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U.S. Indicts 7 Iranians Accused Of Hacking U.S. Financial Institutions

Attorney General Loretta Lynch and FBI Director James Comey stand by a poster showing Iranians who are wanted by the FBI for computer hacking during a news conference at the Justice Department in Washington on Thursday. i

Attorney General Loretta Lynch and FBI Director James Comey stand by a poster showing Iranians who are wanted by the FBI for computer hacking during a news conference at the Justice Department in Washington on Thursday. Jacquelyn Martin/AP hide caption

toggle caption Jacquelyn Martin/AP
Attorney General Loretta Lynch and FBI Director James Comey stand by a poster showing Iranians who are wanted by the FBI for computer hacking during a news conference at the Justice Department in Washington on Thursday.

Attorney General Loretta Lynch and FBI Director James Comey stand by a poster showing Iranians who are wanted by the FBI for computer hacking during a news conference at the Justice Department in Washington on Thursday.

Jacquelyn Martin/AP

The U.S. Department of Justice has indicted seven Iranians with intelligence links over a series of crippling cyberattacks against 46 U.S. financial institutions between 2011 and 2013.

The indictment, which was unsealed Thursday, also accuses one of the Iranians of remotely accessing the control system of a small dam in Rye, N.Y, during the same period.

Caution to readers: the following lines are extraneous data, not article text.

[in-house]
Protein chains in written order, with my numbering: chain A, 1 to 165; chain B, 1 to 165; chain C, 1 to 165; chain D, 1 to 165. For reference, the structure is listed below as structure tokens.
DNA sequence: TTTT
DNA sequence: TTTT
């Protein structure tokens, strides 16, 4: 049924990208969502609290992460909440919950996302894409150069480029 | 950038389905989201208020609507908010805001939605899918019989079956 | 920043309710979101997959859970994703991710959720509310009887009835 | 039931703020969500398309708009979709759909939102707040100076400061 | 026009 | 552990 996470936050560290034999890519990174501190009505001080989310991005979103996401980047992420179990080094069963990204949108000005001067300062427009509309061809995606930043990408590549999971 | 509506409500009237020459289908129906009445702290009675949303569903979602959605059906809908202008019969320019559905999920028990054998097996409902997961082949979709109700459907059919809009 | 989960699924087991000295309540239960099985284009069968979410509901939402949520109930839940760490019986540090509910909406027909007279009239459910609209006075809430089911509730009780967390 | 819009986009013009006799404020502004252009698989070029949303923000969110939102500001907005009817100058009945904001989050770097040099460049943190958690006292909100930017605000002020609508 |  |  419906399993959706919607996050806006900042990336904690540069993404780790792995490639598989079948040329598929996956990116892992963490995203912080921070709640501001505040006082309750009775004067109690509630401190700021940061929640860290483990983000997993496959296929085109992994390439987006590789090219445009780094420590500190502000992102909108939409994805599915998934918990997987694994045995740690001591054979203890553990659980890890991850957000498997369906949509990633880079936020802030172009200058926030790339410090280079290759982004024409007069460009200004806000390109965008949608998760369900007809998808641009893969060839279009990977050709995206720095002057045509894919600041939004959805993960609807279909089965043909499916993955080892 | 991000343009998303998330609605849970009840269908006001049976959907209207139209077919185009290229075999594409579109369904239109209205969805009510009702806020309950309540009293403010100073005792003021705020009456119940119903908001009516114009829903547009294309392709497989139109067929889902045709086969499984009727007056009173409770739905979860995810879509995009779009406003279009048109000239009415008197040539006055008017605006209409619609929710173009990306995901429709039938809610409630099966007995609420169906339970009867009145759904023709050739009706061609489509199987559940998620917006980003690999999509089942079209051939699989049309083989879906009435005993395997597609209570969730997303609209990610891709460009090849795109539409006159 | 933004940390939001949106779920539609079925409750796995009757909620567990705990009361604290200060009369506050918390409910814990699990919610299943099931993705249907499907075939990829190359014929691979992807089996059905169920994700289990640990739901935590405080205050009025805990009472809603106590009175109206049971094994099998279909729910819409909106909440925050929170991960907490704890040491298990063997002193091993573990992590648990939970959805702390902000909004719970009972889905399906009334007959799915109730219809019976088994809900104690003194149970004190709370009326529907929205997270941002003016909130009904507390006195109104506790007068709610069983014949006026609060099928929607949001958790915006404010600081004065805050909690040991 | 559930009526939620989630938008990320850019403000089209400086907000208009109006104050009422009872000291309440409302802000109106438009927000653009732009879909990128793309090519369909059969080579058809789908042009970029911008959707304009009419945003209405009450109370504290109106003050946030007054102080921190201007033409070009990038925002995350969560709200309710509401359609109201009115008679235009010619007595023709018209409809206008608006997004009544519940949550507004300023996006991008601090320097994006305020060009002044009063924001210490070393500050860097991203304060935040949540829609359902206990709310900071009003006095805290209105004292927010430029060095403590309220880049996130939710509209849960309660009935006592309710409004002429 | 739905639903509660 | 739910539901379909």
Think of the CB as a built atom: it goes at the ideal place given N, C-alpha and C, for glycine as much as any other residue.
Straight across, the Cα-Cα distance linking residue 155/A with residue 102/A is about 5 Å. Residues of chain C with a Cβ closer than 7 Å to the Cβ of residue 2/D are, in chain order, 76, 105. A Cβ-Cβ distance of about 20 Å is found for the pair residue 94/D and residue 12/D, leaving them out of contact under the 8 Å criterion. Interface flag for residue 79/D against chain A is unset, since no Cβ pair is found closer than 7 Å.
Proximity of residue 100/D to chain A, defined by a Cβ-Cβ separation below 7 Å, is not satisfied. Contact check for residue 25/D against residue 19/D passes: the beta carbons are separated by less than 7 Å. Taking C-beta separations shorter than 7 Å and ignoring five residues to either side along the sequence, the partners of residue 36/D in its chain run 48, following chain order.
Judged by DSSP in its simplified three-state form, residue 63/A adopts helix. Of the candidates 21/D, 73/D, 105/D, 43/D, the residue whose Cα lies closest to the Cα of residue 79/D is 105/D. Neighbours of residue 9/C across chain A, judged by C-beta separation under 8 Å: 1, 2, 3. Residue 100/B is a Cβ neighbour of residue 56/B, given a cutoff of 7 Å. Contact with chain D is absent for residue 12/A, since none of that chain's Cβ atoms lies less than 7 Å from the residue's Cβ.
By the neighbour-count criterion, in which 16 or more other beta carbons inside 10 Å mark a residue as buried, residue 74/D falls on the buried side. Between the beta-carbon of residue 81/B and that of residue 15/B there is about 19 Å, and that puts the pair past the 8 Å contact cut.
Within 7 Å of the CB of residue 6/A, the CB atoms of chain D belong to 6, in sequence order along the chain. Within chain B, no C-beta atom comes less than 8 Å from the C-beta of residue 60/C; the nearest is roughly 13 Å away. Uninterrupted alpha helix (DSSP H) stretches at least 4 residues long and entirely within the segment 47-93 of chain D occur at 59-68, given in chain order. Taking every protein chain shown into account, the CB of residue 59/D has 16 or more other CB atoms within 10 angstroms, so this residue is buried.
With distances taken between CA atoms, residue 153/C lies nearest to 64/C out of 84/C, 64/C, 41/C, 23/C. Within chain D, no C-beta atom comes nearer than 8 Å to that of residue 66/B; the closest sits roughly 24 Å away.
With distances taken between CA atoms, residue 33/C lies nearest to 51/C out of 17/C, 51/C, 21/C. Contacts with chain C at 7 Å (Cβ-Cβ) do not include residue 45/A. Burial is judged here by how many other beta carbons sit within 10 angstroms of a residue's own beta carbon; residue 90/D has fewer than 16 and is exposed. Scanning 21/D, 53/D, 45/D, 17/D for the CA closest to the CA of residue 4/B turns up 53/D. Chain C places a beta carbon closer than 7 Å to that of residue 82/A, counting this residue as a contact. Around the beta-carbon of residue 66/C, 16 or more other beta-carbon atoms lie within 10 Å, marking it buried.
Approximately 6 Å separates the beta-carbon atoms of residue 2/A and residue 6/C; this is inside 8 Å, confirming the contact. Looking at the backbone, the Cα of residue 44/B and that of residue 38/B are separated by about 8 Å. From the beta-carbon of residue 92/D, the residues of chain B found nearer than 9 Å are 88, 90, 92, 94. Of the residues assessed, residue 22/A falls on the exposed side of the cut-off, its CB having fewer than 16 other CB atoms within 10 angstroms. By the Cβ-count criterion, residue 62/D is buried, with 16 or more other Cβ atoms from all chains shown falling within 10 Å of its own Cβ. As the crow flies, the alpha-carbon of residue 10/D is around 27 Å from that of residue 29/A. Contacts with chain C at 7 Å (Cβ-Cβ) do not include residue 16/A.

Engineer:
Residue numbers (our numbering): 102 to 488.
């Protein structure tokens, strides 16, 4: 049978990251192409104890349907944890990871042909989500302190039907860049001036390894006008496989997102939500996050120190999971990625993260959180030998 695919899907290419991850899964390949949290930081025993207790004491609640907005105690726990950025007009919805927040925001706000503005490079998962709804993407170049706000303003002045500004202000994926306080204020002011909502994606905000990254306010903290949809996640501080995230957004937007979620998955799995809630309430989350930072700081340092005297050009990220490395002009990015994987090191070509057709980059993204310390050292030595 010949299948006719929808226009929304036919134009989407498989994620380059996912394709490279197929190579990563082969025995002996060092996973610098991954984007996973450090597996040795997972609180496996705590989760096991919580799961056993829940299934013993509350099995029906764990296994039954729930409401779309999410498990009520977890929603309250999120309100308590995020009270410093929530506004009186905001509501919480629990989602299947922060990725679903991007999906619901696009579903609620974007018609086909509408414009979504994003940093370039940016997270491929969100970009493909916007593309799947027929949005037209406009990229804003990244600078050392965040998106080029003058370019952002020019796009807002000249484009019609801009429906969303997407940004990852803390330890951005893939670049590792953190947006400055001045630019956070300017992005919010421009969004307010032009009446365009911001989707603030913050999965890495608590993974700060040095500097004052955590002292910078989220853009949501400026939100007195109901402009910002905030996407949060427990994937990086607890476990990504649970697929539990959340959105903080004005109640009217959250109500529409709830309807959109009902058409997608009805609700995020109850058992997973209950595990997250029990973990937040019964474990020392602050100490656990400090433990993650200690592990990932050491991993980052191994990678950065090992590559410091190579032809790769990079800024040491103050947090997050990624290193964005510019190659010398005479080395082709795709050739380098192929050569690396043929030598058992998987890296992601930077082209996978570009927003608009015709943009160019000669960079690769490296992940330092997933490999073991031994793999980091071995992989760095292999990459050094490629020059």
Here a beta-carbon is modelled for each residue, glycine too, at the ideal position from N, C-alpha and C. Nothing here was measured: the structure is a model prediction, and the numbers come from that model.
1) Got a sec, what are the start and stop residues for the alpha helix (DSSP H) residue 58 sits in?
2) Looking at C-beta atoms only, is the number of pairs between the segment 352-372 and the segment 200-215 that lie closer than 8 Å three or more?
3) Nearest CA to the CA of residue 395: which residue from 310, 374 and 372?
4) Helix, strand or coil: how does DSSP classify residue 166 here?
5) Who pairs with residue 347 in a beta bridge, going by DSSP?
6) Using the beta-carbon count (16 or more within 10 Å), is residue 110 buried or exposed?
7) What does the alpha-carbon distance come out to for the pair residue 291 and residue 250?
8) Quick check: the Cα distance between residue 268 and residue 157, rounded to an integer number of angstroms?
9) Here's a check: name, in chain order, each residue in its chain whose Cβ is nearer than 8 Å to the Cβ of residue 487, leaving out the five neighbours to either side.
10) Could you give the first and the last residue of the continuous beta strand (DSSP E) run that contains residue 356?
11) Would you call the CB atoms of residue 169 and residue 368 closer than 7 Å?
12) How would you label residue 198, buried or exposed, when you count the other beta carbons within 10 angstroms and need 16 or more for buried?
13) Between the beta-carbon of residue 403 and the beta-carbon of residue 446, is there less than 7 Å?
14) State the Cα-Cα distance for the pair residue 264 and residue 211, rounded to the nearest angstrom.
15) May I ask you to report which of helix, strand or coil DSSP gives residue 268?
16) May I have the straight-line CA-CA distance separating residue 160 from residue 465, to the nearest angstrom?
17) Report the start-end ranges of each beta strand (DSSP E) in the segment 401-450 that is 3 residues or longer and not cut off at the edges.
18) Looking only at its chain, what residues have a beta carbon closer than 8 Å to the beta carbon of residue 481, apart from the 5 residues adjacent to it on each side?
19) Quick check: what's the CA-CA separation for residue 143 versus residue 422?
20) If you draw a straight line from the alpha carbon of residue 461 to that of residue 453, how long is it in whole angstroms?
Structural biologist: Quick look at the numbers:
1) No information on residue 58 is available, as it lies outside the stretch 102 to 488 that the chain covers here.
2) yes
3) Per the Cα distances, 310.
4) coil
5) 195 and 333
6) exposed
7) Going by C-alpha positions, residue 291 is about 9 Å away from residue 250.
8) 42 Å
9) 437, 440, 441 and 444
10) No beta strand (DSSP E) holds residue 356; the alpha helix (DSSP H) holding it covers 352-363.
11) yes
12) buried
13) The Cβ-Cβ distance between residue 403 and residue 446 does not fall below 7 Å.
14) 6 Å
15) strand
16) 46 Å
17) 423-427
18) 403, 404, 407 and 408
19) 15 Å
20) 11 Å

NPR's Carrie Johnson tells our Newscast unit that "FBI Director James Comey says the defendants are overseas, but U.S. authorities were able to pierce the shield of anonymity and identify them." She adds: "The FBI will be watching if the men travel outside of Iran, and within reach of the American justice system."

In prepared remarks, Attorney General Loretta Lynch said the indictment is meant to send a message: "That we will not allow any individual, group, or nation to sabotage American financial institutions or undermine the integrity of fair competition in the operation of the free market."

"The attacks were relentless, systematic and widespread," Lynch said. "They threatened our economic well-being and our ability to compete fairly in the global marketplace — both of which are directly linked to our national security."

According to the indictment, the seven men worked for two Iran-based computer security companies that have done work for the Iranian government, including the powerful Islamic Revolutionary Guard Corps. The men allegedly carried out large-scale distributed denial of service (DDoS) attacks, which overwhelm a server with communications in order to disable it.

The court documents detail the repeated series of attacks:

"The U.S. Financial Industry DDoS Attacks impacted, at a minimum, approximately 46 major financial institutions and other financial-sector corporations in the United States over a total of at least approximately 176 days of DDoS attacks. On certain days during these attacks, hundreds of thousands of customers were unable to access their bank accounts online. As a result of these attacks, those victim institutions incurred tens of millions of dollars in remediation costs as they worked to mitigate and neutralize the attacks on their computer servers."

As NPR's Tom Gjelten reported in 2013, U.S. officials and cybersecurity experts had suspected Iranian government involvement in the sophisticated attacks.

You can read the full indictment here:

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